Rwanda, the Land of Magical Adventures
Rwanda is the land of magical fairytales, just when you think the country can’t offer anymore there is a surprise for you around the corner. Sheila and I had a two back-to-back weekend adventures. The first weekend was a bus adventure to Muhanga with an overnight stay in Cyeza village. The second weekend was a road trip to the Western Province including Nyungwe Rain Forest and Lake Kivu.
Catching a bus from Nyabugogo is not an easy task, there were no other Mzungus (foreigners) in sight. As with all things in Rwanda, everything works out perfectly – a drunk gentleman came to our rescue, he made sure we didn’t get hit by moving buses, trampled by crowds and guided us to the ticket counter. He even made sure we got good seats on the bus. For his trouble, we paid him 200 RWF ($0.25 USD) – he gave 100 RWF to a homeless man and the other 100 RWF he used to buy us chewing gum for our journey. This is how service works in Rwanda! We’re off to Muhanga!
Outside of Muhanga is a village called Cyeza that has no running water or electricity but we are determined to go there for a full day of adventure and stay the night. We arrived in Cyeza at 8am and were greeted by six women who welcomed us with open arms. We started the day with a prayer of gratitude for bringing us together, the day continued with Sheila and I doing some manual labor – weeding, cutting grass with a sickle, feeding the cow and fetching water from the well – that was just the morning.
We then helped the women prepare lunch and had a feast of cassava, beans and avocado followed by a siesta, personal space is not a concept well understood by villagers, Sheila was cuddled up with one of the village women as she napped. In the afternoon we went for a long hike to meet the village chief who was a woman, gender equality is prevalent in Rwanda.
We enjoyed an evening of singing, dancing and feasting with the villagers. Sleeping in a village was less than ideal but we survived. There is a severe shortage of clean water, Sheila and I felt extremely guilty when we washed our face and brushed our teeth before going to bed – it’s a luxury the villagers could not afford.
Our second weekend started off with navigating Kigali traffic on a Friday morning trying to get out of town – I had to dodge motorcycle taxis, bicycle taxis, other cars, crazy bus drivers and pedestrians. Once I learned how to pass other vehicles and when to use my horn on the freeway, the Toyota Rav4 we rented was a breeze to drive. We call Rwanda magical because it’s safe, unbelievably clean and the landscape is stunningly beautiful. Being 2 degrees south of the equator, the temperature fluctuates between 75°F - 85°F (23°C - 29°C) with no humidity – perfect weather year around. The villages and towns we passed were impeccably constructed as though we’re driving in a fairy tale. We stopped in Huye, AKA Butare the 2nd largest city in Rwanda for a bite to eat and helped a restaurant move a fridge across town in our vehicle.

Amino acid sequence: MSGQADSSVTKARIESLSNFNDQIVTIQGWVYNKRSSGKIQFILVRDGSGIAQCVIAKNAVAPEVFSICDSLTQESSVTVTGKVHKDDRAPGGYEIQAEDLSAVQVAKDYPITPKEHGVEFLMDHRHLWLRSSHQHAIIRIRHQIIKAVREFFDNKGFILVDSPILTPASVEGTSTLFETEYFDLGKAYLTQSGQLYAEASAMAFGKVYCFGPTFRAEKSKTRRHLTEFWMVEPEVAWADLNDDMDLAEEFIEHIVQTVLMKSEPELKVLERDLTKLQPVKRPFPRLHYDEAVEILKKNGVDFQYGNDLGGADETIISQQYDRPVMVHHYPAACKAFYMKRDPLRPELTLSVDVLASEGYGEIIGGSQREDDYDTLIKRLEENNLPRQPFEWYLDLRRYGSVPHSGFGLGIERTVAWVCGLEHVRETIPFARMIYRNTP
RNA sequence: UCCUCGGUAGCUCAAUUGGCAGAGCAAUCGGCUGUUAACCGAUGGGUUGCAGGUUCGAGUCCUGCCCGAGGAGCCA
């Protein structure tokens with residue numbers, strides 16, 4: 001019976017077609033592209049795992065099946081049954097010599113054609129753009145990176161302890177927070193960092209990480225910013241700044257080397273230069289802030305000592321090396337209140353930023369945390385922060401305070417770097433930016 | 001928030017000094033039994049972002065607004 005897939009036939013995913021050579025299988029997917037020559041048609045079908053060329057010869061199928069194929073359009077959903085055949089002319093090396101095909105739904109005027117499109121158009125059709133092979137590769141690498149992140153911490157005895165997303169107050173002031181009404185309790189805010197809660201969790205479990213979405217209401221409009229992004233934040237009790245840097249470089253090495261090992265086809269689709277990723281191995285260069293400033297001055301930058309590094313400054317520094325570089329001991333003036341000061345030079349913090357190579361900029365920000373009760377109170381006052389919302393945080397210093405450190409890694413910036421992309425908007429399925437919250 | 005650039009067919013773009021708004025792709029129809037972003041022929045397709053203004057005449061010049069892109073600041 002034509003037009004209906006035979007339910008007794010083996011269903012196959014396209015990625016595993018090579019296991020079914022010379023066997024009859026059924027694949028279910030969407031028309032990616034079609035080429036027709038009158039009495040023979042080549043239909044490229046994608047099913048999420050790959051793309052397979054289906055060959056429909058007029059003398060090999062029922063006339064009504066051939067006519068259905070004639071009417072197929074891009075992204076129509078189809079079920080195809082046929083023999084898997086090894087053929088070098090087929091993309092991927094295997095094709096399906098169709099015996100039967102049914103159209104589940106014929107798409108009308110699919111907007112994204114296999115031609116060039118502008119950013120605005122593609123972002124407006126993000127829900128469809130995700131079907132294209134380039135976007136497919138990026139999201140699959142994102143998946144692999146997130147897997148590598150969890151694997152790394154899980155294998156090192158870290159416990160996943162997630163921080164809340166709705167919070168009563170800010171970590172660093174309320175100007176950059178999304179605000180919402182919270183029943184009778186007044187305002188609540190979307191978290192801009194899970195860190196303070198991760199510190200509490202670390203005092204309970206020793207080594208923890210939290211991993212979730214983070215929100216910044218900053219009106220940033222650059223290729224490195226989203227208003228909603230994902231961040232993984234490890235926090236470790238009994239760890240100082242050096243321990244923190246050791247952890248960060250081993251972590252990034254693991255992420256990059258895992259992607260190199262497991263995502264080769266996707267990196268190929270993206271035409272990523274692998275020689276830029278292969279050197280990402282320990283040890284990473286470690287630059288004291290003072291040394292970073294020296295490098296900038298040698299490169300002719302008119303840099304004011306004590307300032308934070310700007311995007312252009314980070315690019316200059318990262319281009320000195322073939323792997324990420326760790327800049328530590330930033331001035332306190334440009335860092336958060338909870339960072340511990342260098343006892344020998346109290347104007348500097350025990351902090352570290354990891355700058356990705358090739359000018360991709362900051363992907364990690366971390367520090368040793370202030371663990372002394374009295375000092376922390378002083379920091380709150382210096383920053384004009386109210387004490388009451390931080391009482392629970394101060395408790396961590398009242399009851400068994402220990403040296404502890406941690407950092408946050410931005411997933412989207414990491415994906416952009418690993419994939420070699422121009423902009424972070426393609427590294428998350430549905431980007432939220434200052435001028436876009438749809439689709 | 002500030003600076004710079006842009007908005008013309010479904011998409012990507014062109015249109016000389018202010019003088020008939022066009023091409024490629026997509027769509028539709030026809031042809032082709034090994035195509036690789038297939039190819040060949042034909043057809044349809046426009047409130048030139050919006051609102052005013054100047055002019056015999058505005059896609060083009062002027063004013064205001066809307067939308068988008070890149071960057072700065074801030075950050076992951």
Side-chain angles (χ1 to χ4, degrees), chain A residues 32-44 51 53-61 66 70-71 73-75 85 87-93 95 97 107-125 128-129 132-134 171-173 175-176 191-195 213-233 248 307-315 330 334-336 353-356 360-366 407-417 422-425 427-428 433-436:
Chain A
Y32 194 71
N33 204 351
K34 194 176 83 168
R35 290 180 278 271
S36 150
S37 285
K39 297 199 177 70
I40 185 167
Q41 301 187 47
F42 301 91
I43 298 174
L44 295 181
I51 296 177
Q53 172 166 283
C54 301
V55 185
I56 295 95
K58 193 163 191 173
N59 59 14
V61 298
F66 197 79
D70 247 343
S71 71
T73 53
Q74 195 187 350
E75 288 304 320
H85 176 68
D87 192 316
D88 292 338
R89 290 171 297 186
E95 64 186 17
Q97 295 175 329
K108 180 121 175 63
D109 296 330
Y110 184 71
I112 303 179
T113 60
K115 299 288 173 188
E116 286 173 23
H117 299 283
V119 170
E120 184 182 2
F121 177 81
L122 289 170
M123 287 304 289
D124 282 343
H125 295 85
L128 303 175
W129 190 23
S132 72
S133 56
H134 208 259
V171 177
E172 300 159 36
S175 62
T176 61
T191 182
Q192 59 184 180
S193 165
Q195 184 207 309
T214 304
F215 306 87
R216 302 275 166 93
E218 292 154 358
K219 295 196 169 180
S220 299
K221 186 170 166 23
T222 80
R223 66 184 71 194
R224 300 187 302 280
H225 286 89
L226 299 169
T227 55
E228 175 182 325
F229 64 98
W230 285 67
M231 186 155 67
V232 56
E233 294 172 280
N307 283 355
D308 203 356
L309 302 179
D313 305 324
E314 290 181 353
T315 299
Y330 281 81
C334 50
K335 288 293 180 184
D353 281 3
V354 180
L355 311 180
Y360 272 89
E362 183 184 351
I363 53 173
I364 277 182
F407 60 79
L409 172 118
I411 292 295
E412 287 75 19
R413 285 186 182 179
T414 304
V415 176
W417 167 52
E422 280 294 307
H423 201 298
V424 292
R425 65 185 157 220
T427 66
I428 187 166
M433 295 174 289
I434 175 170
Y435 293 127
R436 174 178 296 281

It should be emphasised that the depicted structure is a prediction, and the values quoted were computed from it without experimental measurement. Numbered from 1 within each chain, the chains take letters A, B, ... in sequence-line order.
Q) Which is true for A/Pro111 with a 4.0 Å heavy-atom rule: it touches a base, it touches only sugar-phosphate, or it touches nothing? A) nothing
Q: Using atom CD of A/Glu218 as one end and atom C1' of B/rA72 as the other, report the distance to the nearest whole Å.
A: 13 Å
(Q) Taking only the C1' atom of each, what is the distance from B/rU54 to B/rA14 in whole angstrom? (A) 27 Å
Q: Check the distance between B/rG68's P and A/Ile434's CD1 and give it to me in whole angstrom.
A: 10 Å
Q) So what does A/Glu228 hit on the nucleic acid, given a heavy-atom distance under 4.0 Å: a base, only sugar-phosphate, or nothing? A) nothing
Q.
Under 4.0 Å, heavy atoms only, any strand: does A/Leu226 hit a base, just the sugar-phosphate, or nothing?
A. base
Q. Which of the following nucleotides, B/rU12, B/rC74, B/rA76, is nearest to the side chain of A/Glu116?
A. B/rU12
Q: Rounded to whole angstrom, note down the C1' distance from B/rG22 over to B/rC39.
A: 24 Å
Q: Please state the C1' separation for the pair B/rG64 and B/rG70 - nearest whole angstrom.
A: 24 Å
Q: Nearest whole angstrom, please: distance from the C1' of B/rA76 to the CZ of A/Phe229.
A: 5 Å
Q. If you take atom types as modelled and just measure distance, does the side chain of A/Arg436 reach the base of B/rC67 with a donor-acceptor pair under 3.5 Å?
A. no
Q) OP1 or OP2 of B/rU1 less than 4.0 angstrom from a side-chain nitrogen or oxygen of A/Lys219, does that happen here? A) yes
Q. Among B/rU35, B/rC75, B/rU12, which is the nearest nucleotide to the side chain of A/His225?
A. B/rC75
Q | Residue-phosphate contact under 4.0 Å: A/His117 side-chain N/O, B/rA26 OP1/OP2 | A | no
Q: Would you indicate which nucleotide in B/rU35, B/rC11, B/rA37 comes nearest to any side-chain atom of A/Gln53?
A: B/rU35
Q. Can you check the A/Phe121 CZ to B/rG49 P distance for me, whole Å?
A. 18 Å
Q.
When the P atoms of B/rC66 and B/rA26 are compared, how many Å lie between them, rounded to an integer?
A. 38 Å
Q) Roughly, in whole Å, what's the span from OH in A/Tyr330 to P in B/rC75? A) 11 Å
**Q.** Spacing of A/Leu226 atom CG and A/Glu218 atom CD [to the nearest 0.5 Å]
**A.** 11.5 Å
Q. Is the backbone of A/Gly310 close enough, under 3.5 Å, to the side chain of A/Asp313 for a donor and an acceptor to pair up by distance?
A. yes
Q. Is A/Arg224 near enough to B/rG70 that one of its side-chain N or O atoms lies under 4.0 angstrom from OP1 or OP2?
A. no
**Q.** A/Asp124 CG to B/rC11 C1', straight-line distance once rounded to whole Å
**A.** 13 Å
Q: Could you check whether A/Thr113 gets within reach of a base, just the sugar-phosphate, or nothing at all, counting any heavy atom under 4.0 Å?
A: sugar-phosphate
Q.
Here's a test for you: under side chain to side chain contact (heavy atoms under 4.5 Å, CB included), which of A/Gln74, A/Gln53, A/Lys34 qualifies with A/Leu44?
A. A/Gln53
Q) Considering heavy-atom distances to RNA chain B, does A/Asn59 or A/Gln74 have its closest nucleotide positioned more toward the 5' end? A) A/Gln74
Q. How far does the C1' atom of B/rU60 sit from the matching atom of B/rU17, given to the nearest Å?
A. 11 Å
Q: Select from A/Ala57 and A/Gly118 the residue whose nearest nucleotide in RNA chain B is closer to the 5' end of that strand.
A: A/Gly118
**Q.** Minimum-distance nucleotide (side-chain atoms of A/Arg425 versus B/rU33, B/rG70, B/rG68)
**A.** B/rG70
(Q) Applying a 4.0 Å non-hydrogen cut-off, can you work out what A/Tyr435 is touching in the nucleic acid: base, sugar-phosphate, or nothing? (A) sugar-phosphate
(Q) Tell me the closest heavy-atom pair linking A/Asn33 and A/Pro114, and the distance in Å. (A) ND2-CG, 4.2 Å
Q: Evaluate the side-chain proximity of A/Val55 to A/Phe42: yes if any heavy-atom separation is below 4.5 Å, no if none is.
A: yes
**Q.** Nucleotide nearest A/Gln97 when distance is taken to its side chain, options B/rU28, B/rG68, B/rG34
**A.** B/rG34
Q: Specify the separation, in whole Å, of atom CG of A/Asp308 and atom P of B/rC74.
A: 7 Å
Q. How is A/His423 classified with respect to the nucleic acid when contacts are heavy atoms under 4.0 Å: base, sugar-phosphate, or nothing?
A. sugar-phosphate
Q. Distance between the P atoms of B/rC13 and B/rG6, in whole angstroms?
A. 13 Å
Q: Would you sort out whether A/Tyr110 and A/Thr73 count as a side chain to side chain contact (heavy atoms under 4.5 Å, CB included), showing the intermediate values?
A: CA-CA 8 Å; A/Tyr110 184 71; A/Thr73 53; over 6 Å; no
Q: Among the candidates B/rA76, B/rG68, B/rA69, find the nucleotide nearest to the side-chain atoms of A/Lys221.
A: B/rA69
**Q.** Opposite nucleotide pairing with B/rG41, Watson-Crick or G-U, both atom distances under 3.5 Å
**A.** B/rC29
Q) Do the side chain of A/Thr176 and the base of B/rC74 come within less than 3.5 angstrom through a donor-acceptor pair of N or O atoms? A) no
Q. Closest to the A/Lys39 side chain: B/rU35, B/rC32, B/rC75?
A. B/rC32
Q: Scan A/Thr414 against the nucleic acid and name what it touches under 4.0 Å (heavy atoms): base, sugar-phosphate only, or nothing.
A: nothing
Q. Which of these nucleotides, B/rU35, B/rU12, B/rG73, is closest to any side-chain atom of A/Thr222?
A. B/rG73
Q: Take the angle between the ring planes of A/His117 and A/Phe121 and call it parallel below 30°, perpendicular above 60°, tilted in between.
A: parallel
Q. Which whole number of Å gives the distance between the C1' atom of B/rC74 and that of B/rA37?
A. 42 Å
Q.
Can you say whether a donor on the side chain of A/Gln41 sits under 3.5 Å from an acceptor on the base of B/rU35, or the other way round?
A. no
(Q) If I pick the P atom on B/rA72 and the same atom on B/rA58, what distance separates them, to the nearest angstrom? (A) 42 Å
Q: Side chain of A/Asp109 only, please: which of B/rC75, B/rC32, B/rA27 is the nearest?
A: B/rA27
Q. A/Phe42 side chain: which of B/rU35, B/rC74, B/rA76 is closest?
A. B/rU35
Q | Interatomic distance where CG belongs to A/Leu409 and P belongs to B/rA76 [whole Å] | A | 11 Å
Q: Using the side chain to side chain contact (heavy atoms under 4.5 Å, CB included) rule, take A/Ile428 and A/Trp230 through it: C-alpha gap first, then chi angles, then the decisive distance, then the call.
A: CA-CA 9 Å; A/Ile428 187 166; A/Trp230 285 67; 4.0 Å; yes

In this magical land, the police pull you over to chat with you, innocently flirt with you and give you travel advice. We were stopped three times our first day and each stop was a friendly encounter. As we reached our destination Nyungwe national park our landscaped moved from rolling hills to tropical rainforest, we started to see different primates along the road. A row of colobus monkeys greeted us on the side of the freeway. A few miles later we picked up a hitchhiker, Everiste, who was also a park guide, he explained some of the vegetation to us along with a discussion on how Rwanda successfully put a halt to all poaching. Around this time, we were also running out of gas in our vehicle with no gas station on our path for another 50kms. Everiste had us stop at the nearest village where a shop keeps extra gas for motorcycle taxis, he negotiates a price for us and we had a crowd of villagers pouring fuel into our gas tanks. We left Everiste at the village and we continued to our guesthouse where we met Joseph who was determined to teach the Muzungus a few words of Kinyarwanda.
The next day we enjoyed exploring the Nyungwe rain forest which included hiking the Isumo trail to see the largest waterfall in the forest. Due to poaching activity in the past, visitors are not allowed to enter the rainforest without a park ranger. We were fortunate to have Christof as our ranger, he is a biologist by profession and now spent his time in Nyungwe forest.
After a day of exploration in Nyungwe, we were back on the road for our drive to the lakefront city of Kibuye. We had rented a house right on Lake Kivu so we can just walk out and jump into the lake. Kibuye was everything that was promised to us, a waterfront paradise. Lake Kivu is clean and surrounded by tropical vegetation. There is a slight issue of Lake Kivu’s interaction with a volcano that is leaking methane into the water but the government has a successful extraction process in place. There is the fear of an explosion in the lake.
Our road trip through the Western Province of Rwanda was incredible – the Rwandans are helpful, polite and go out of their way to make you feel welcome. It’s hard to imagine that two females spent 3 days driving through remote areas of Rwanda without harm. Our view of Africa is often skewed and we forget Africa is a continent not a country. A Rwandan is not the same as a Congolese or a Kenyan or a Ugandan. I’ve met people from the neighboring countries of Rwanda and they are not alike – the culture, language, behavior is different. In Rwanda I’ve encountered very few beggars, in my 4 weeks here I’ve encountered three beggars. Rwandans are self-sufficient, modern, educated, honest and hold themselves to the highest level of integrity.